We ask you to join us in prayer for the immediate emergency relief effort, which is a critical first step toward recovery for the thousands who have lost their homes and livelihoods. HOPE International’s local partner, the Center for Community Transformation (CCT), works in the regions hit hardest by the typhoon, and they are currently mobilizing to provide these communities with immediate help. Already invested in these areas, CCT will continue to walk with them long-term as they seek to rebuild their homes and businesses. If you would like to give to CCT’s direct relief and recovery efforts, please do so on their Typhoon Haiyan relief page. Any donation given will be processed through another partner and sent directly to CCT for their relief work.

Please pray that CCT, along with local churches and individuals, can reach out to the most vulnerable in their communities with Christ’s love, to comfort the hurting as they grieve and to give them a hand up so they can reclaim their livelihoods.


God’s Kids

We have a mission in the Philippines on the Island of Bohol, which is in the Central Philippines and was hit by the super typhoon.  Of course, the storm came on the heels of the 7.2 earthquake just 3 weeks earlier in Bohol.  The home directors, Mike and Jeanette Propp, run a Bible college there as well as the 4 home orphanage “Village of Hope” (VOH).

The area is completely devastated.  The four buildings comprising the VOH on Bohol are still standing but damaged.  Even before the super typhoon hit, the staff and kids were sleeping outside the buildings in tents because of many powerful aftershocks and the buildings were not considered safe.  They are repairable, (we think) but they are definitely damaged.  The village’s two water wells are effectively “gone” and beyond repair.  We will need two new wells but that has to wait until the aftershocks stop and the water from the storm recedes.

Bohol got a lot of the storm’s fury but not a “direct” hit the way the Island of Leyte (where Gen MacArthur “returned” in WWII) was.  Still, the Bohol area had massive typhoon damage on top of the earthquake damage.  Bohol, like the rest of the Central Philippines is in massive trauma without power, no food, and people drinking sewer and dead body contaminated water.  The fear of disease runs high.  The staff and kids were not killed or injured but it was and is a rough time for all.

What can people do? 

For immediate emergency response, we recommend funneling funds to Samaritan’s Purse


Royal Family Kids Camps

We had two camps hosted by Pastor Ancho Buenaventura. Their church and surrounding area was not affected as severely as the rest of the nation. His church is LifeChurch Palawan — Puerto Princesa City.  Pastor Ancho’s church is reaching out to their country and helping where they can.


Open Schools Worldwide

Thank you for your concern. Our partner in the Philippines is in Manila; we have not had any news but presume all is well because of their location. We are still waiting to hear from one former staff member of a partner who moved home to Cebu after she retired.  It is a heart-breaking situation.


Home for Good Foundation

Although we are not present in the worst-hit areas, we are aware that many children were very suddenly and catastrophically orphaned by the storm and have no one to protect and care for them.  We need to pray that they will be found, identified and placed in a proper living environment before they starve to death or are snatched up by predators and child traffickers.  Even if parents survived, their children who get separated may be too young to identify who their parents are or where they lived.  The work of reuniting separated families, and of finding new families for children who need them, will not be easy.  Pray also that this tragedy will provide a platform to bring more awareness to the need for children to be adopted in their own country and culture.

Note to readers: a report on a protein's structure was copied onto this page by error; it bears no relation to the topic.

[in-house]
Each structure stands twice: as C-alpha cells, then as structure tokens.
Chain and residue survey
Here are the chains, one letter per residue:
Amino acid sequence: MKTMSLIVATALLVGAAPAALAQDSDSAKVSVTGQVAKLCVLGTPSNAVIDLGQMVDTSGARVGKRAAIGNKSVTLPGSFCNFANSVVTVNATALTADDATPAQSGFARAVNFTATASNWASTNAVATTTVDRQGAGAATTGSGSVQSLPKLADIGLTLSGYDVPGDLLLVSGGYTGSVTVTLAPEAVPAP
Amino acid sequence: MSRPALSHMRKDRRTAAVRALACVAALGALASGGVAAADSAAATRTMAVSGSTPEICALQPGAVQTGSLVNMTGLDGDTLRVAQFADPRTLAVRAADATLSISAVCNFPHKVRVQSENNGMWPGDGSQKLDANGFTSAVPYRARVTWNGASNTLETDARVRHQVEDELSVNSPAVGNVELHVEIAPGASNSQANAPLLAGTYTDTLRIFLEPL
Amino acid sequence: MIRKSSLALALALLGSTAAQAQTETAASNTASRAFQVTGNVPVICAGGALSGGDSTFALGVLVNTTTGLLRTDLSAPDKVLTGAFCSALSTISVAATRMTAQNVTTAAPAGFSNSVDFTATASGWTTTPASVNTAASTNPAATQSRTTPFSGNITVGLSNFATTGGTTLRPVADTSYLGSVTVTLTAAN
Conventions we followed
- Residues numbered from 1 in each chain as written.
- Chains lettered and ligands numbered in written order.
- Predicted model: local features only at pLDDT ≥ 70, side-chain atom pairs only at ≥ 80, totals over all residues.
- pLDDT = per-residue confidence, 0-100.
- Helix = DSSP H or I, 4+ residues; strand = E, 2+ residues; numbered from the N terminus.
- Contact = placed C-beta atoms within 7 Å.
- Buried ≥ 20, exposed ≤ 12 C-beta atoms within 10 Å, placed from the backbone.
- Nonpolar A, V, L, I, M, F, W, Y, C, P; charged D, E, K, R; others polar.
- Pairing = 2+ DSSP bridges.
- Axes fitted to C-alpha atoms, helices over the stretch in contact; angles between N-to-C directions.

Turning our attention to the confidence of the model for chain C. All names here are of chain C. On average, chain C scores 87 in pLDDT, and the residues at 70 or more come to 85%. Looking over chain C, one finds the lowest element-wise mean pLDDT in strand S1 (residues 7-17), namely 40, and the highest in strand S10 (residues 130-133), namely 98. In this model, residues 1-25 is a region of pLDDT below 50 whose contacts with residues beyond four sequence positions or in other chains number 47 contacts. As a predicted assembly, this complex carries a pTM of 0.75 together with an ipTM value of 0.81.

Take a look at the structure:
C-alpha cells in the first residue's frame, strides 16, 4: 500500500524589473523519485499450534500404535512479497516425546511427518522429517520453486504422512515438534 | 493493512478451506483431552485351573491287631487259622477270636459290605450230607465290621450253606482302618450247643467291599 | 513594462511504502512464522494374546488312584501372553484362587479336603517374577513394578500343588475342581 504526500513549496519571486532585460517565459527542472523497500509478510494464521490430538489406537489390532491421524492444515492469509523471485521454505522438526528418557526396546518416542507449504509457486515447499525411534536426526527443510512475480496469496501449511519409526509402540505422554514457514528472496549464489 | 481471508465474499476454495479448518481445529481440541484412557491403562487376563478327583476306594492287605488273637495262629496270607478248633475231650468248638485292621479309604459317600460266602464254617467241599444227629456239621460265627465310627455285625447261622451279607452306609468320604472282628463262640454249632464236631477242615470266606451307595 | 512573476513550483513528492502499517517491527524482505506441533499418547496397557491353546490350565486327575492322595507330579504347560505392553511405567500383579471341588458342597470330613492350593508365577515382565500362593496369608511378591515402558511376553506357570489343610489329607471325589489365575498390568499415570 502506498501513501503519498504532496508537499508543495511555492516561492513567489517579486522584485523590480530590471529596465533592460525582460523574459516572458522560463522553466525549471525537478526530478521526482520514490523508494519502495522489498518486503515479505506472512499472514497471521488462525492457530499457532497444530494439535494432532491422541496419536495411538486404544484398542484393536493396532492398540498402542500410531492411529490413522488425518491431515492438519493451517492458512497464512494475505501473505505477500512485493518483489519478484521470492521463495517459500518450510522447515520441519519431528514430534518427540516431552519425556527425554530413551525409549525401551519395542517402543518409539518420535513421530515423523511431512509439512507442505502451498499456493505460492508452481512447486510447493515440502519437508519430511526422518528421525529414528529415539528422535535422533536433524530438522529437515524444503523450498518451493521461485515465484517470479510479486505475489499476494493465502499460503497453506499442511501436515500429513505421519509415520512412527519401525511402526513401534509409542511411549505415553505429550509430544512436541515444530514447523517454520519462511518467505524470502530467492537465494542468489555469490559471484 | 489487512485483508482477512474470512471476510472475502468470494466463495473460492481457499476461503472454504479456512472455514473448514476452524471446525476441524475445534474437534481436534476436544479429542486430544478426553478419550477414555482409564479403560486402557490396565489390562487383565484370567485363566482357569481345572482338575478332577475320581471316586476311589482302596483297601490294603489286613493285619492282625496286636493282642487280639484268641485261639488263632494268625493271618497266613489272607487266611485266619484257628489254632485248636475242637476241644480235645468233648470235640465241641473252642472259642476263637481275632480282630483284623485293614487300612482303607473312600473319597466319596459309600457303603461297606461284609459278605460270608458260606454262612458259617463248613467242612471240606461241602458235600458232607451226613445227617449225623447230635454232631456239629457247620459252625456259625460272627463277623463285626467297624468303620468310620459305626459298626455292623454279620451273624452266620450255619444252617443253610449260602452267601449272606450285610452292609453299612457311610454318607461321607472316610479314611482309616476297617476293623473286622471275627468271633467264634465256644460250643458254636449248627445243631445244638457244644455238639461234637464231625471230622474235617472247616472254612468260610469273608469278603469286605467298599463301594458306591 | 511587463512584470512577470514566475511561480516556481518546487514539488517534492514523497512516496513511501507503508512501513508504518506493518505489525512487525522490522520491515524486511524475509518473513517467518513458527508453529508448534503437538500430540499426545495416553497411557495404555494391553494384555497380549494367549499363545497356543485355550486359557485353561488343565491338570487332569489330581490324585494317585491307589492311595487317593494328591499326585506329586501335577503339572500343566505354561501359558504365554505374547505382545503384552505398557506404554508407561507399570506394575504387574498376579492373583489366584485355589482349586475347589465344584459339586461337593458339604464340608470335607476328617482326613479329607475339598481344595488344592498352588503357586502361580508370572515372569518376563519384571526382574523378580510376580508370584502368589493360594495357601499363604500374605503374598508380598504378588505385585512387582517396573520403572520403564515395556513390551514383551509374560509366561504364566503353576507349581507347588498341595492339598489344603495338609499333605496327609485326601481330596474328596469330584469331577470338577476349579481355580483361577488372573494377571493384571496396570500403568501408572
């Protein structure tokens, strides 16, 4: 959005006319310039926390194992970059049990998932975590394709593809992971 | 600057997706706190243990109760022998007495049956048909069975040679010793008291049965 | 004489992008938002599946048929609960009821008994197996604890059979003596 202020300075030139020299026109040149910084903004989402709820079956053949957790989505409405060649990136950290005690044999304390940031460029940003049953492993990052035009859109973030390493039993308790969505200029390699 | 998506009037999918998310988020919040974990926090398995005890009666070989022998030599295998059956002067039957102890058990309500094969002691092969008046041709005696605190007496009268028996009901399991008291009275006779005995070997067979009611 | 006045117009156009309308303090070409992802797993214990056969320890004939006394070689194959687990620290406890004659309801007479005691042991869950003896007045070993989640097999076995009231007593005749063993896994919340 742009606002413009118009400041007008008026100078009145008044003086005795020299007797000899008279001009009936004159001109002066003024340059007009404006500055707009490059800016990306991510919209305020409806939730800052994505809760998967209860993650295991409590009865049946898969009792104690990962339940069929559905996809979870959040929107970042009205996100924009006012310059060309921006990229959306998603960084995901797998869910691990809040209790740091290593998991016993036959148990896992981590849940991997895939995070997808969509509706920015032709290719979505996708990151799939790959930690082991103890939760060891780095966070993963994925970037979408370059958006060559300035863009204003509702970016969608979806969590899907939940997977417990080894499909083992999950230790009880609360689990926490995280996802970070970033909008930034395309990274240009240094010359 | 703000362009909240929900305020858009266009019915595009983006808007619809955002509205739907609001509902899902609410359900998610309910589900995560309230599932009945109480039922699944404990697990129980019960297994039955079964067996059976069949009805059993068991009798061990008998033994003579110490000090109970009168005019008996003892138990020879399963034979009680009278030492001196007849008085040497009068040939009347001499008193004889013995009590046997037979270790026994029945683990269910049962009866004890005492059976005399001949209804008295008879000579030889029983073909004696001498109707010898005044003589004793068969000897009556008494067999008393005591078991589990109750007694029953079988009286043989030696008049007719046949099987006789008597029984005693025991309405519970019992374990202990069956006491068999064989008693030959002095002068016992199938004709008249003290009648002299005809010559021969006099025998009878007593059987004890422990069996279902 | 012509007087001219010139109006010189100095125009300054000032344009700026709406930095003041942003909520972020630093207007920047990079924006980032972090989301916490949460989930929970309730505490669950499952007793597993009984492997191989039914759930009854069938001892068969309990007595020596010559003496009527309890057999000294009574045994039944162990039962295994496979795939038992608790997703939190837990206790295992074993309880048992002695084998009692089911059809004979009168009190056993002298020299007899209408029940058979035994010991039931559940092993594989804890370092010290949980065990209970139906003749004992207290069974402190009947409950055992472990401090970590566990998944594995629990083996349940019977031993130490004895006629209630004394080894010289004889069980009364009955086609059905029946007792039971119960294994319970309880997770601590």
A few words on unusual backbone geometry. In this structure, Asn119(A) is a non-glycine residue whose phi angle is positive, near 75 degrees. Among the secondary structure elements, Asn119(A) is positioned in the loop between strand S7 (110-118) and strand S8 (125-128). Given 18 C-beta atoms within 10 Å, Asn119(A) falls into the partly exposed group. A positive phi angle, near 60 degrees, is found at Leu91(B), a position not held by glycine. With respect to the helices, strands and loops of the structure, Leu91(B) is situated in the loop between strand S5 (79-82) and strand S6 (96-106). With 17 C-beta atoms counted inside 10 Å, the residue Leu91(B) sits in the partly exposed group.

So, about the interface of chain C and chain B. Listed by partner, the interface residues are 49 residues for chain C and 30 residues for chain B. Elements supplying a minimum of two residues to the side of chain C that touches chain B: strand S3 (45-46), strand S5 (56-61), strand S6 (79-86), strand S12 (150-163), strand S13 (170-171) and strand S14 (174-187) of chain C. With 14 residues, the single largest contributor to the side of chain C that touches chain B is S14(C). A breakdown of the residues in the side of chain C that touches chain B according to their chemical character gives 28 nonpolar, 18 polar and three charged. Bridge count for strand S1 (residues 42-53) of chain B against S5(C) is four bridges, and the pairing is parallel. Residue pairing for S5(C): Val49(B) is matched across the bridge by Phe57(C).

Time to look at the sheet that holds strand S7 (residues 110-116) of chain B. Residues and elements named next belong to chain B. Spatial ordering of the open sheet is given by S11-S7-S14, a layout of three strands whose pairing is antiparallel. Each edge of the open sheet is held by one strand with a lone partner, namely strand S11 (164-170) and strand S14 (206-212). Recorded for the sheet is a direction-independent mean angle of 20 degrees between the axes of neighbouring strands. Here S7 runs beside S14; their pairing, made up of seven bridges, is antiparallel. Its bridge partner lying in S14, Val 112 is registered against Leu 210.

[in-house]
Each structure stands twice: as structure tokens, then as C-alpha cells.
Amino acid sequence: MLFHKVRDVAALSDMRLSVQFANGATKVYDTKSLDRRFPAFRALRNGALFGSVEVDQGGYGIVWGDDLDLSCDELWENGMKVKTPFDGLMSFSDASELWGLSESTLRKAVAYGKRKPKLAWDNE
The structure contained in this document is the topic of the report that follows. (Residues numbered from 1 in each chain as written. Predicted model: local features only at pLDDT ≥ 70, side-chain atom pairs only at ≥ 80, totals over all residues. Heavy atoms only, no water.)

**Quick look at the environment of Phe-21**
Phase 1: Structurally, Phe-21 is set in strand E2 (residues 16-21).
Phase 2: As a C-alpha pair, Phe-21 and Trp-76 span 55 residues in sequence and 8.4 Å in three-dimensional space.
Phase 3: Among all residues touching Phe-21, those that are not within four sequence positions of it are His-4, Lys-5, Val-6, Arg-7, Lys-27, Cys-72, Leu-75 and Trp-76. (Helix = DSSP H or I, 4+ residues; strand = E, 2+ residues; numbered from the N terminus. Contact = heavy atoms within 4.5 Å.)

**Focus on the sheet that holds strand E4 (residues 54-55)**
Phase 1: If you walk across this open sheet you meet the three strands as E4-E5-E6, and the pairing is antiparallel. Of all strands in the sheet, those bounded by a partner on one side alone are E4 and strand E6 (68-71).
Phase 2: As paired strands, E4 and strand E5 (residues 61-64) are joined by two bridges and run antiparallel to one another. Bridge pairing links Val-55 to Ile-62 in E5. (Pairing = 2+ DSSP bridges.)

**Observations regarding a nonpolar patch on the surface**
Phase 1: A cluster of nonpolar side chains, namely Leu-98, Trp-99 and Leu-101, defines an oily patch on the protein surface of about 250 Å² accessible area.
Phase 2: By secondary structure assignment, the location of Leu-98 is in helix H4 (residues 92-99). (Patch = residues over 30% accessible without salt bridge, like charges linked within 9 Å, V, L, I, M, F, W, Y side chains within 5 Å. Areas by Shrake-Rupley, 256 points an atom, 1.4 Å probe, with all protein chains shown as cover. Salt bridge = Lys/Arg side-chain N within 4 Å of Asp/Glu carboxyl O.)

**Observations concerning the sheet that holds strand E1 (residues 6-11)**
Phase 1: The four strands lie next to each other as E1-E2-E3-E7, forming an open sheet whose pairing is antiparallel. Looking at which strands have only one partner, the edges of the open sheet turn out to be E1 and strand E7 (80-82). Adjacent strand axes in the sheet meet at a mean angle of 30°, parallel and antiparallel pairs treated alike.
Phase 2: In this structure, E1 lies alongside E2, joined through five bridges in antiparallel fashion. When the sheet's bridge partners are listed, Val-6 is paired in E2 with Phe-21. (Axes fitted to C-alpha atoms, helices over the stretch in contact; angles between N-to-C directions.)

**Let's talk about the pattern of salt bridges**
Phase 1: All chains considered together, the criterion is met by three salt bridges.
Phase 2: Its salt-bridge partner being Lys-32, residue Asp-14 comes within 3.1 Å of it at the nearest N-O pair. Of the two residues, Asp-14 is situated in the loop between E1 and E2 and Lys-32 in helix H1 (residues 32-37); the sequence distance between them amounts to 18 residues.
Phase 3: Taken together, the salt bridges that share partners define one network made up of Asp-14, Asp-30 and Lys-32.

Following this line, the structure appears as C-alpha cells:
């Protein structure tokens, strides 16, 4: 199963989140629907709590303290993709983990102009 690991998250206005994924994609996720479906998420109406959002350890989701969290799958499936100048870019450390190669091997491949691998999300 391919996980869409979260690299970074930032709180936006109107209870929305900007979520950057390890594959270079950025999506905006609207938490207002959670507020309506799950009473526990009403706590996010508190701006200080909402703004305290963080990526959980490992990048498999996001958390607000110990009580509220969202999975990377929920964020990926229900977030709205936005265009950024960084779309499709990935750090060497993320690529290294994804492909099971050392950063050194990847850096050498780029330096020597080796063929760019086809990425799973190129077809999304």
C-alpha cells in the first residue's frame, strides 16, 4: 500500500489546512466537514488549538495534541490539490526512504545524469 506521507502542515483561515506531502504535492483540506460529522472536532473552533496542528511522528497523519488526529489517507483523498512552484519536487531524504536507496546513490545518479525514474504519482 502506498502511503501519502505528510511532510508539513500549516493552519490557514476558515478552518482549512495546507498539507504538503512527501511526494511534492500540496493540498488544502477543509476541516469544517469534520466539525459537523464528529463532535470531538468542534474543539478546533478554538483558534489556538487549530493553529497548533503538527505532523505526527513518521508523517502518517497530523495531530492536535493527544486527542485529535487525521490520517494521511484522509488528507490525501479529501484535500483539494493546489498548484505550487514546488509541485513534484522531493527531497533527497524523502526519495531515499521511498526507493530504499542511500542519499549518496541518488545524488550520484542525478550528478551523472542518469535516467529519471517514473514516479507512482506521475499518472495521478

Compassion International

Compassion has sent out an email with updates on their projects and are collecting donations here.  In their update email they included a letter from one of their on the ground team members with specific prayer requests, which was shared on the CAFO blog here.


Christian Adoption Services

Our liaison is in Manila and was not directly affected.  The good news is that the children at the Reception and Study Center for Children in Leyte have been found to be well.  Plans are now being made to bring them into Manila for on-going care.  We are very concerned for a 7-year old girl named “K,” who was about to be placed with a family in Charlotte, NC.  We have not had confirmation of the status of little  “K” because she was with a private foster family.  We eagerly await confirmation that she is considered part of the group reported safe even though she was not residing at the RSCC.

One of our families has received a wonderful commitment from a businessman who has gathered water purifications systems, generators, etc. that are valued at $500,000 that will be flown to the distressed area within the next few days.  At this time, we are exploring how best to get financial gifts directed to the ICAB (Intercountry Adoption Board of the Philippines) and the Department of Welfare and Development for direct distribution to the victims of the typhoon.  We have also asked our liaison in Manila if we can direct funds to her program, My Father’s House.

About Children Waiting for Adoption

We at CAS are receiving inquiries about the availability of children who have been orphaned by the typhoon.  As you would expect, there are likely to be hundreds of children who are classified today as being undocumented orphans.  It is unknown if/when the Intercountry Adoption Board will be in a position to clear these children for adoption.

We do know is there are many children in the Philippines who are cleared for adoption and are waiting for families to call their own.  Because the ICAB is very concerned about posting these children’s profiles to the public, we can only release those profiles on an individual basis once a prospective adoptive family contact CAS.

As in most countries, the typical children who are most readily available for adoption are medically needy children, school-age children and sibling groups (especially group of 3 or more).